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In vivo localization and identification of SUMOylated proteins in the brain of His6-HA-SUMO1 knock-in mice.

MPS-Authors
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Hsiao,  H. H.
Research Group of Bioanalytical Mass Spectrometry, MPI for biophysical chemistry, Max Planck Society;

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Nikolov,  M.
Research Group of Bioanalytical Mass Spectrometry, MPI for biophysical chemistry, Max Planck Society;

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Urlaub,  H.
Research Group of Bioanalytical Mass Spectrometry, MPI for biophysical chemistry, Max Planck Society;

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Citation

Tirard, M., Hsiao, H. H., Nikolov, M., Urlaub, H., Melchior, F., & Brose, N. (2012). In vivo localization and identification of SUMOylated proteins in the brain of His6-HA-SUMO1 knock-in mice. Proceedings of the National Academy of Sciences of the United States of America, 109(51), 21122-21127. doi:10.1073/pnas.1215366110.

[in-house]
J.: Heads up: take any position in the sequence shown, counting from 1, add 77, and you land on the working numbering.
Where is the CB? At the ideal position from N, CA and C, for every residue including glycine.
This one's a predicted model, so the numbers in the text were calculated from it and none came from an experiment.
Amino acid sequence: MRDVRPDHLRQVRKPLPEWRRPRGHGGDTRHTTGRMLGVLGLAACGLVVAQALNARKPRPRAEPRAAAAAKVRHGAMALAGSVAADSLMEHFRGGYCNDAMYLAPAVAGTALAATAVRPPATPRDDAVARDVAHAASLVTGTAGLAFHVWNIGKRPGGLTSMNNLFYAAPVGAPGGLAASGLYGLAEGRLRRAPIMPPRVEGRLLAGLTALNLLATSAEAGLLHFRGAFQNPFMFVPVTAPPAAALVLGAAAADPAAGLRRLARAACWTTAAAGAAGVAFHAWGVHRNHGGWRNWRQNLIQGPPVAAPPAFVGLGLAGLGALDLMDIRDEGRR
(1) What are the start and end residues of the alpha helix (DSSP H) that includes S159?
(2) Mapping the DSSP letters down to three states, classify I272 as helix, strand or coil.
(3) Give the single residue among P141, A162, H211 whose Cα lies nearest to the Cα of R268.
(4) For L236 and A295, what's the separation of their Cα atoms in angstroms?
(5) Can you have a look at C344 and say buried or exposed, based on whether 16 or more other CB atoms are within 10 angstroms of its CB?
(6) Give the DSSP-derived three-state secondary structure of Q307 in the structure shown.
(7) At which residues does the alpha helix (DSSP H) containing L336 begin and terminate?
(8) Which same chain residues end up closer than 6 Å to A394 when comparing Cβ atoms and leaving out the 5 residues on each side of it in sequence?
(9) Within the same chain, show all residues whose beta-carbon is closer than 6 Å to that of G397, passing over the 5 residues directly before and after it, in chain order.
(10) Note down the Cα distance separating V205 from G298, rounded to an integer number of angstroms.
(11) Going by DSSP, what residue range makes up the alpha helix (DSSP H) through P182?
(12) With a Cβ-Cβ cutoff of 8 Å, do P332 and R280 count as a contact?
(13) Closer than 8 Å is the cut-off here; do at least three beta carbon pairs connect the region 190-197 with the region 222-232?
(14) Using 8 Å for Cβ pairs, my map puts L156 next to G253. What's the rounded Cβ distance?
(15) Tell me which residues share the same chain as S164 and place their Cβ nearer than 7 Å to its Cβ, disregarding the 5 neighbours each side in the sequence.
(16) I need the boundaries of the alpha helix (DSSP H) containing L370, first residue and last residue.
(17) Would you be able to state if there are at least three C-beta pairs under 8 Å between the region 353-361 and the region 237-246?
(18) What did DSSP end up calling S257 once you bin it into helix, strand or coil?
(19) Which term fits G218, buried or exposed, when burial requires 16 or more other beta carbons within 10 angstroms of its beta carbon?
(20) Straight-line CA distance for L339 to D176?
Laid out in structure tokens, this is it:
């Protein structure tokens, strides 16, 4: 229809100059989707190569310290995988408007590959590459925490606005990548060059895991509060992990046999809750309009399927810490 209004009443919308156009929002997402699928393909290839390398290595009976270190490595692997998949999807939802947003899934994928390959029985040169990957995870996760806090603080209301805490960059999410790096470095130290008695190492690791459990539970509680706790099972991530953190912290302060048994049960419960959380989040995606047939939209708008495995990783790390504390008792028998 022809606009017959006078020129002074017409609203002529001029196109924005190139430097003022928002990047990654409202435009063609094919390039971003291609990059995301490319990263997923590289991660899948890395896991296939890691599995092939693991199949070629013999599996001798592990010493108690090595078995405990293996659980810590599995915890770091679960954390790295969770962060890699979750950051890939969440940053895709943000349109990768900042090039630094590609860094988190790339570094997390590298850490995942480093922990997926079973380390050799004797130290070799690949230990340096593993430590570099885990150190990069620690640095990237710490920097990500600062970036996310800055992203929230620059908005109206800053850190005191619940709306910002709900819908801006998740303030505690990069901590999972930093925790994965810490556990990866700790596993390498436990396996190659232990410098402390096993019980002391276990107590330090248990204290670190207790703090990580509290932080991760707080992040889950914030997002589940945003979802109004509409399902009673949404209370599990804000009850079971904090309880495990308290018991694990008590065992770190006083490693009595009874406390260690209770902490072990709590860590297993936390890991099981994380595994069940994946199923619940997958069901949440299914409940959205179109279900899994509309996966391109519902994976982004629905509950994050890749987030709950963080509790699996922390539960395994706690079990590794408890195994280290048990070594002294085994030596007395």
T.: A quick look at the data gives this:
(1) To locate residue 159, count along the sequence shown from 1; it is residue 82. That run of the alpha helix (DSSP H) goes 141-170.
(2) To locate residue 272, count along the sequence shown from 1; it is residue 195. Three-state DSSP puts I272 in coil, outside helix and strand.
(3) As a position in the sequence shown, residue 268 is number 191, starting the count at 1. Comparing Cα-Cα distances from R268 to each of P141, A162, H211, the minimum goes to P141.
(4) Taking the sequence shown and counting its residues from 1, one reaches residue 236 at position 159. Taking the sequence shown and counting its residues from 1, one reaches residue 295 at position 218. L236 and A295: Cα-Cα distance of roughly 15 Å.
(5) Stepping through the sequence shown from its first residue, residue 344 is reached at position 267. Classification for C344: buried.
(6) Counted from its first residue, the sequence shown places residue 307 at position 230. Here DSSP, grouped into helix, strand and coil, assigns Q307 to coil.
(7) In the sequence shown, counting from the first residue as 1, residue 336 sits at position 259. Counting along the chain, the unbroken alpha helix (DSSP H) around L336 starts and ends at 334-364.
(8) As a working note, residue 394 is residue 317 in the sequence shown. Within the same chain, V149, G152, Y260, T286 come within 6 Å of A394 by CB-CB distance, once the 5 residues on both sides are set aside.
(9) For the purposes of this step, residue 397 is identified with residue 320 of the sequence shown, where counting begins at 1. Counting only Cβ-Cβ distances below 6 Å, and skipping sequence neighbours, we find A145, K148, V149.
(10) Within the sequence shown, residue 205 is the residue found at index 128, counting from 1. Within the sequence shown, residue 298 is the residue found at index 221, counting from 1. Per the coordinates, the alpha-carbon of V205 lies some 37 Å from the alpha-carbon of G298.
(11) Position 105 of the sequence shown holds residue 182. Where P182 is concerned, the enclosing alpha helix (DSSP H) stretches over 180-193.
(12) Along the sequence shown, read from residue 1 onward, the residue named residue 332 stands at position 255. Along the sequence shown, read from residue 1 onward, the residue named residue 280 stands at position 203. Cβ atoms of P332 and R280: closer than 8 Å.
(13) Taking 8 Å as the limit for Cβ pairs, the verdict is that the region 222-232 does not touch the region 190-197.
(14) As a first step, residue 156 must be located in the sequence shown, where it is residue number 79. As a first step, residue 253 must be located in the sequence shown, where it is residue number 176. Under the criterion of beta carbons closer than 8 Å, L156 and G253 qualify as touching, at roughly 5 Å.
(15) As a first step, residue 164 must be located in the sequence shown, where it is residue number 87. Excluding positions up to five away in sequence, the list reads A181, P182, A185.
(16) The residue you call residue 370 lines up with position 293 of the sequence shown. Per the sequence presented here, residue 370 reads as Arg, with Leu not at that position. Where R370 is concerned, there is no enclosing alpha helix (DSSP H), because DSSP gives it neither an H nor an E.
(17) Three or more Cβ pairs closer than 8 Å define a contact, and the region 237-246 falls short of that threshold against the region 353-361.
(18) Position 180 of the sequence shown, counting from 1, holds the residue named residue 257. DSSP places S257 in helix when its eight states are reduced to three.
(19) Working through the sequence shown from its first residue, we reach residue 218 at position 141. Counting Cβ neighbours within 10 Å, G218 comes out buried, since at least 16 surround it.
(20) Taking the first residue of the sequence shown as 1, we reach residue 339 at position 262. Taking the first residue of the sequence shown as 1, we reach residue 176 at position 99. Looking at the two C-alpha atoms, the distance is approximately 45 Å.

Cite as: http://hdl.handle.net/11858/00-001M-0000-000E-CABF-E
Abstract
SUMOylation, an essential posttranslational protein modification, is involved in many eukaryotic cellular signaling pathways. The identification of SUMOylated proteins is difficult, because SUMOylation sites in proteins are hard to predict, SUMOylated protein states are transient in vivo and labile in vitro, only a small substrate fraction is SUMOylated in vivo, and identification tools for natively SUMOylated proteins are rare. To solve these problems, we generated knock-in mice expressing His6-HA-SUMO1. By anti-HA immunostaining, we show that SUMO1 conjugates in neurons are only detectable in nuclei and annulate lamellae. By anti-HA affinity purification, we identified several hundred candidate SUMO1 substrates, of which we validated Smchd1, Ctip2, TIF1γ, and Zbtb20 as novel substrates. The knock-in mouse represents an excellent mammalian model for studies on SUMO1 localization and screens for SUMO1 conjugates in vivo.